Our corn-burning stove is clean, and ready for the upcoming heating season. I’ve cut the top off of a 55-gallon plastic drum, and will be using it as a storage bin for corn. Because the bagged corn contains cob and stem pieces that could clog the stove’s auger, I screen the corn as I fill the bin. I’ll store additional bagged corn in my shed, and screen it into the bin as necessary.
While I once used fire starting blocks to light the stove, I’ve found that alcohol-soaked wood pellets are a much less expensive alternative. The bucket of pellets (below) should last all season.
Check this blog’s archives for more information about our corn-burning stove.
Julie and I finally decided to get a new refrigerator. I’ve tested our old one with a Kill-A-Watt meter and found that it uses over 2000Kwh of electricity per year. We selected an Energy-Star-Rated 25 cubic foot Kenmore model that uses only 499Kwh per year. Not only will this save $$ on our electric bill, I can use the PV system to power it in the event of a grid power failure. And, when I add a few more panels to my array, I’ll be able to run the new refrigerator full-time off of solar power. For additional information, see my blog post of July 27th.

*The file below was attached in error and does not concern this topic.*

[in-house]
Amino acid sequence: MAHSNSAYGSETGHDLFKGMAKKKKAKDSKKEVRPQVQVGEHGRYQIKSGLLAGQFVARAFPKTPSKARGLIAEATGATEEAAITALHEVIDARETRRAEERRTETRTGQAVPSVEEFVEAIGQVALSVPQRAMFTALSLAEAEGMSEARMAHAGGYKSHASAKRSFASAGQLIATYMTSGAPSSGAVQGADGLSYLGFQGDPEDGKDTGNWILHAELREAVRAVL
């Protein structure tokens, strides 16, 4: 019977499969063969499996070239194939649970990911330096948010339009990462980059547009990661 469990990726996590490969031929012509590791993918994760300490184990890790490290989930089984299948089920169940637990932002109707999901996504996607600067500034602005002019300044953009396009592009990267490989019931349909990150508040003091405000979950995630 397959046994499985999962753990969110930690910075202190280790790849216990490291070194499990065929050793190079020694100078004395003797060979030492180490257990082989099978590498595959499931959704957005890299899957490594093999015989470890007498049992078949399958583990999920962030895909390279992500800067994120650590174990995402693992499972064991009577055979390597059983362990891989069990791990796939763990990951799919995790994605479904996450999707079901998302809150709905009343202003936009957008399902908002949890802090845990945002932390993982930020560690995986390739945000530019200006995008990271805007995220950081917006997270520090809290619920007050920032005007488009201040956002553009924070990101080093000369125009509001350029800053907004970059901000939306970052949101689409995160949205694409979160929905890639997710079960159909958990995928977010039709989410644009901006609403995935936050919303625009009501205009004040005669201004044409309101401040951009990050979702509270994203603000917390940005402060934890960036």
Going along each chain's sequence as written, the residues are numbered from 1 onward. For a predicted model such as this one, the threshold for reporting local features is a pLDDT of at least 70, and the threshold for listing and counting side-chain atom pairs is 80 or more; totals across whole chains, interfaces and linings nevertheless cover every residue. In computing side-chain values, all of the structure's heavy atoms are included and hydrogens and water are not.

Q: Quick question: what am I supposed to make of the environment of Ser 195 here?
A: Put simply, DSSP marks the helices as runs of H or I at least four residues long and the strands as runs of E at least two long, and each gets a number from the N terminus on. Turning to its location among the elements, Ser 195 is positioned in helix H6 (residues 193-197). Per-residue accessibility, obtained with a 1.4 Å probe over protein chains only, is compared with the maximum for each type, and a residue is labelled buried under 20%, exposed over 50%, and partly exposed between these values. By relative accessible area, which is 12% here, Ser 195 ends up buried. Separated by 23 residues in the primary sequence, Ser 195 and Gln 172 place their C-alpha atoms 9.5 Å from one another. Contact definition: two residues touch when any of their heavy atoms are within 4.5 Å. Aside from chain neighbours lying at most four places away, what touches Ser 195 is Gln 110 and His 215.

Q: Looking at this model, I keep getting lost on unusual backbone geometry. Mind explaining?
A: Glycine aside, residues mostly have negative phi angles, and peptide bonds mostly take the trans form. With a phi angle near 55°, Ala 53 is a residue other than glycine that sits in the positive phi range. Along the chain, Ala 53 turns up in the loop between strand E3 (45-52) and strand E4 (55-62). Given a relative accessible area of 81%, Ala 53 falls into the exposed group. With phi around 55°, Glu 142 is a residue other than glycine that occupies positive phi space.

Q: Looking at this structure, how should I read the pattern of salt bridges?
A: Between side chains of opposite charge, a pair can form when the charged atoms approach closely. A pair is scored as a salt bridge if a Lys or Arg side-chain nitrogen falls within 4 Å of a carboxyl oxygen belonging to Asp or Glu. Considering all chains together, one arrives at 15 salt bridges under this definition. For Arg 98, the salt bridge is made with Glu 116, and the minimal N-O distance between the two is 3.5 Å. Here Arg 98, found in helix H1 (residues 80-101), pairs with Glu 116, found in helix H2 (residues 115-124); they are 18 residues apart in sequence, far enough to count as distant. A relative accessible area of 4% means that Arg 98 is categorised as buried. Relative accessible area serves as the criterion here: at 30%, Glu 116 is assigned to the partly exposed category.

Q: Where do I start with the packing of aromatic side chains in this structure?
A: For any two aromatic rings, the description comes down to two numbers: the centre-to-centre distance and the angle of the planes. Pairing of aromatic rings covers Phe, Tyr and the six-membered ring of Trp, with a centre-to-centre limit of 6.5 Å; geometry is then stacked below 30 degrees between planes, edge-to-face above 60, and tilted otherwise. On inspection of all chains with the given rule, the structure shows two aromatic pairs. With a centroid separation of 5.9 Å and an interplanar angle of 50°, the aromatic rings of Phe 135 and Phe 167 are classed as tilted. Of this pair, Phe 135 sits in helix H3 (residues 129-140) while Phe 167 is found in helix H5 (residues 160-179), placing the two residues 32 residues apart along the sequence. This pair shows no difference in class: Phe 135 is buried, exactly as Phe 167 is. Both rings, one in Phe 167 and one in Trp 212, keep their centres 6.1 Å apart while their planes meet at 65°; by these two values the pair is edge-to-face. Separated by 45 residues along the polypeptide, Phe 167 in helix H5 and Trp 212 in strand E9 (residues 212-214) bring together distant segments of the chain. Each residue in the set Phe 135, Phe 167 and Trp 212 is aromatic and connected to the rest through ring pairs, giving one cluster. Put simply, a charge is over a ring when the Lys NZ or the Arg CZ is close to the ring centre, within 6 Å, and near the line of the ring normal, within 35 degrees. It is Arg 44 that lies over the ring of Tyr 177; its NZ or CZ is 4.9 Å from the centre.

As we go from summer to fall, the sun’s position in the sky is noticeably more southern. I’ve adjusted the tilt of my solar panels to better align them with the sun during the fall and winter months. My blog post of February 15th provides additional details.
I have a few tomato plants started in my sunroom, and I expect to have fresh tomatoes before Christmas. I don’t bother to grow tomatoes indoors during the summer, because my outdoor garden provides an abundance of them. For more information about growing tomatoes indoors all-year-long, see my August 24th blog post.
It’s a little early for leaves to be turning, but Julie and I had a pleasant drive in the country anyway. I’m hoping to find a three to five acre piece of land where I can build a retirement home. An ideal location will have wind and hydro resources, as well as unobstructed sunlight, allowing me to continue toward my goal of sustainable living.
Tuesday, September 18, 2007
Friday, September 14, 2007